NETFLIX SERIES REVIEW: Jessica Jones (2015)

The Verse’s Hannah Kent tells us what she thought of Jessica Jones‘ series on Netflix

Female Superheroes; perfectly styled women, clad in tight spandex and barely dressed. These characters should empower and inspire young girls and women. Instead, they are undeniably over sexualised objects manufactured for the male gaze. But a new breed of female superhero is coming. This revolution is led by the incredible Jessica Jones, the main character in a self-entitled TV show that first aired on Netflix in 2015, with season two released recently; and trust me, you should be watching it.

Jessica is a Private Investigator with superhuman strength, a bad attitude and absolutely no regard for the mass media’s sexist agenda. She’s a strong and independent character. Shown immediately when she’s first seen on screen throwing an aggressive man through her office door. She consistently asserts her power over others, not only in her physical strength but in her willingness to do whatever necessary to get what she wants. Jessica lifts cars, tosses men across rooms, jumps atop of buildings and when threatened she even asks “Do I look like I’m hiding?”. She’s an immensely powerful woman. Unashamed of who she is and unafraid to go to extreme lengths for what she believes in. Proving her to be a fierce and remarkable character.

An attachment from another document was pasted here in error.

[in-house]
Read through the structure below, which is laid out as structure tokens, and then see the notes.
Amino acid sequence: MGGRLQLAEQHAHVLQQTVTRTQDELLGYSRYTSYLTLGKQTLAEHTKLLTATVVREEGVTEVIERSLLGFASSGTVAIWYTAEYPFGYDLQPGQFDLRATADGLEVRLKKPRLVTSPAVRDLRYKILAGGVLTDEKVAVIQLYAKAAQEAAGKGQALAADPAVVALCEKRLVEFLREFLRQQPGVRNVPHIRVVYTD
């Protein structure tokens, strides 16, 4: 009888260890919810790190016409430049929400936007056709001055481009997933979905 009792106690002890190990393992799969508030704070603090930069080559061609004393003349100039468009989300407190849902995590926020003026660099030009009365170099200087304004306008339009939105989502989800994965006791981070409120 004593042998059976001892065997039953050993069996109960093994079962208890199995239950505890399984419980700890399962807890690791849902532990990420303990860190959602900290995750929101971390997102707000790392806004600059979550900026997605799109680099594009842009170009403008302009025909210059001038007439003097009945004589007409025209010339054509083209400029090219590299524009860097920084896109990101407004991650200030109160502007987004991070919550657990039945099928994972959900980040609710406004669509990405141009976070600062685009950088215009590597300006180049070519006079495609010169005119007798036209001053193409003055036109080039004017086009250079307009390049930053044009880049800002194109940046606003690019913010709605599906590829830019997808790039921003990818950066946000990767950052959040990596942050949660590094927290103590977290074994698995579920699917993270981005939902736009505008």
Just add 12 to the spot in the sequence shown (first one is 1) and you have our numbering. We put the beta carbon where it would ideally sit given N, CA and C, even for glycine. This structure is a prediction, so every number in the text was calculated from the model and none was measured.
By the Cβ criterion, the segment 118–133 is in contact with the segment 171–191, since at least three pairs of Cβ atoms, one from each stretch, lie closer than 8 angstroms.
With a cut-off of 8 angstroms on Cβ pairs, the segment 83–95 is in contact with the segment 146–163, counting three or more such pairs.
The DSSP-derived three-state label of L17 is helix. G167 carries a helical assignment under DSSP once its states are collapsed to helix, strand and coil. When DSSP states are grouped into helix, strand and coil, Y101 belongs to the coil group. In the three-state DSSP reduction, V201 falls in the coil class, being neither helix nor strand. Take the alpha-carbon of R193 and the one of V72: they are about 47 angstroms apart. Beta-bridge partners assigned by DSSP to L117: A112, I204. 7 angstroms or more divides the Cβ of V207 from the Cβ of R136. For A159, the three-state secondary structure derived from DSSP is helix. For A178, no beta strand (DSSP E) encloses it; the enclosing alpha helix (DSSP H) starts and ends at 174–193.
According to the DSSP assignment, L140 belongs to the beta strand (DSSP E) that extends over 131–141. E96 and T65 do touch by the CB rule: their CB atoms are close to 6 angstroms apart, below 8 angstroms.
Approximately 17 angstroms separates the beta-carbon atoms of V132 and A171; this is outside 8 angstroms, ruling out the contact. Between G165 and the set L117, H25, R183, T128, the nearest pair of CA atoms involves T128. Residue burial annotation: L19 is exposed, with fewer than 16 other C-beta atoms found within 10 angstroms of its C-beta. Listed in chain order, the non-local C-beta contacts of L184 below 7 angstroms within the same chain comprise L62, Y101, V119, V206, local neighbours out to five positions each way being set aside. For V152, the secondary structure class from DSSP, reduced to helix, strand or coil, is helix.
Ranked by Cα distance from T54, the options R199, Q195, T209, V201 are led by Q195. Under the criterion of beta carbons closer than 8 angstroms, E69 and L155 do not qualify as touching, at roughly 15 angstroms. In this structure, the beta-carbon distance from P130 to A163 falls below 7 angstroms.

The show also has deep and complex relationships. The most prominent of which is the friendship between the two lead women, Jessica and her adoptive sister Trish. The friendship dynamic they share has never been shown between two women in the Marvel franchise before, some reviews even calling their relationship “a tour-de-force of feminism”. (Shawn Binder. 2015. Distractify.)

Ultimately Jessica Jones is a mean-spirited and cynical anti-hero, who, quite frankly, drinks too much and hurts an unnecessary amount of people. But her power, charisma and determination are guaranteed to make you desperate to see her succeed. Jessica Jones’ representation brilliantly defies all the stereotypes and expectations set upon her; So if you want to see and badass women kick a bad guy’s ass, this show is a must!

The Verse Staff

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